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Automating 802.1x (Part One)

This is a guest blog post by Albert Siersema, senior network and cloud engineer at He’s always busy broadening his horizons and helping his customers in (re)designing and automating their infrastructure deployment and management.

We’d like to be able to automate our network deployment and management from a single source of truth, but before we get there from a running (enterprise, campus!) network, we’ll have to take some small steps first.

These posts are not focused on 802.1x, but it serves as a nice use case in which I’ll show you how automation can save time and bring some consistency and uniformity to the network (device) configuration. Having consistent device configurations might not be the sexiest side of automation, but it gets the job done and prepares your environment for more automation coolness later. Also, let’s face it: if you need to reconfigure hundreds of switches and tens of thousands of interfaces, automation literally saves (the) day(s).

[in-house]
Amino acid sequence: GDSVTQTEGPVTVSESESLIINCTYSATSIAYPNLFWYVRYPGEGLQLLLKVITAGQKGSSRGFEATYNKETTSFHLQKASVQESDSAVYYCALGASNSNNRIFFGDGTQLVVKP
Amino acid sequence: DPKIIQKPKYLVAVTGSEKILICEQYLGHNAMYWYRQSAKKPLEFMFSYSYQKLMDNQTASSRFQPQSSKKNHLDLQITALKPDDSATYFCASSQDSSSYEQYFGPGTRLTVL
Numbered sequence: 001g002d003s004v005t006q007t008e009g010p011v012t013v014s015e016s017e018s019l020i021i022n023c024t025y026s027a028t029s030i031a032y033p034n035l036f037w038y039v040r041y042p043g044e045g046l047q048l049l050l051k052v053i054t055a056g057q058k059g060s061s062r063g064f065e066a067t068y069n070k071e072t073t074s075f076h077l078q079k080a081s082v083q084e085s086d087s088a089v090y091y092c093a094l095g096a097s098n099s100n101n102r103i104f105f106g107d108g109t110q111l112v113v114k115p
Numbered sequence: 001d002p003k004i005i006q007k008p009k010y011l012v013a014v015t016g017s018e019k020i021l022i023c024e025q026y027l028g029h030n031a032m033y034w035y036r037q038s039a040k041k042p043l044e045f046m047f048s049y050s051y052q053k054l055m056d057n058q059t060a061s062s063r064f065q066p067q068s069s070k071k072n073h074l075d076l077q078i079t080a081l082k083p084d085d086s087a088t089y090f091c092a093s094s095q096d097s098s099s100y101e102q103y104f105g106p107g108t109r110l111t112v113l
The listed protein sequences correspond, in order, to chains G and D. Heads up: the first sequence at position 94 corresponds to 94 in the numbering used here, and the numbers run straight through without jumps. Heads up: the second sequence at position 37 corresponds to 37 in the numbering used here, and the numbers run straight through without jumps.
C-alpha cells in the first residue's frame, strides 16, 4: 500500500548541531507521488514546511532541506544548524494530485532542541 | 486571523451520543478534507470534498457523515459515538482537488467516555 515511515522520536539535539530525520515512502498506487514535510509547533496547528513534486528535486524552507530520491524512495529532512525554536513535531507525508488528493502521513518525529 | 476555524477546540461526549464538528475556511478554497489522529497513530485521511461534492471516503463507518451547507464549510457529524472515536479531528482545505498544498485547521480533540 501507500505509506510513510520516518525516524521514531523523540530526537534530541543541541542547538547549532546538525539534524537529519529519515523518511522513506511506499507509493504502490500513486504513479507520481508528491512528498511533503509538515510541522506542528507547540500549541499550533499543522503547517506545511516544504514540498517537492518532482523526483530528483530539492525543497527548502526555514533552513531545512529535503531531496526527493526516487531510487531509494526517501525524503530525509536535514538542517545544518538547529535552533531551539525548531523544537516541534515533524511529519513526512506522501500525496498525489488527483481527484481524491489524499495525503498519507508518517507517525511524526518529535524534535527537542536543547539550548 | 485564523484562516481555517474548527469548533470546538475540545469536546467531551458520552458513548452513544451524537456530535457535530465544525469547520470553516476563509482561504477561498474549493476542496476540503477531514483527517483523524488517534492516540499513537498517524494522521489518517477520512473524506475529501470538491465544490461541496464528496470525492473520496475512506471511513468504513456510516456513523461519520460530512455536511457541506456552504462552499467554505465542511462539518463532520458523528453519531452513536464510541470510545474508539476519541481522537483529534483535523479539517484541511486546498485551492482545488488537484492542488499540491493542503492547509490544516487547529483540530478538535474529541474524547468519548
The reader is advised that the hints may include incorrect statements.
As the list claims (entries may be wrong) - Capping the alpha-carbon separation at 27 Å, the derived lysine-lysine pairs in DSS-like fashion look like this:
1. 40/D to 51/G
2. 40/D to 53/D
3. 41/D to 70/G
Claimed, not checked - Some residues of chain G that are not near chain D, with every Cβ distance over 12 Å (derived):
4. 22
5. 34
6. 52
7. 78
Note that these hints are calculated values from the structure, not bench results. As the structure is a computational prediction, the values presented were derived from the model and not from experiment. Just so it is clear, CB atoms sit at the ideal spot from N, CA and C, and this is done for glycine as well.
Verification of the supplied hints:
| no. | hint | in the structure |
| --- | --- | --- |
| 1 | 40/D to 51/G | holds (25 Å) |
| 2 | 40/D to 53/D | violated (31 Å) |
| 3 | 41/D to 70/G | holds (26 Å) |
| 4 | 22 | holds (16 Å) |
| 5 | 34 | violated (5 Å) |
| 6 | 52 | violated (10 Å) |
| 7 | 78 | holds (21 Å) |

Implementing 802.1x (after talking to all parties involved) enables us to convert a switch, location and interface specific configuration into a more generic configuration where specific items get pushed to the switch from a central RADIUS server (e.g. Cisco ISE), which also serves as a single source of truth describing user-specific information.

You can find the Ansible playbooks I’m describing in this blog post on gitlab. The 802.1x playbooks where used with Catalyst switches running Cisco IOS, but shouldn’t be too complicated to adapt to other vendors/models.

The playbooks follow a similar setup:

  • Gather information (from the source of truth or lacking that, the switch).
  • Apply changes.
  • Validate changes: does the current active state match the desired state (or intent if you like).

First off: configure VLAN group names

Unless you’re lucky and every switch is already a small L2 domain with L3 boundaries and the same VLAN numbers are reused everywhere, you’re going to need named VLAN groups that a RADIUS server can use to push information to the switch. After receiving information from the RADIUS server, the switch in turn decides which VLAN numbers to apply the information to based on the VLAN group name it received.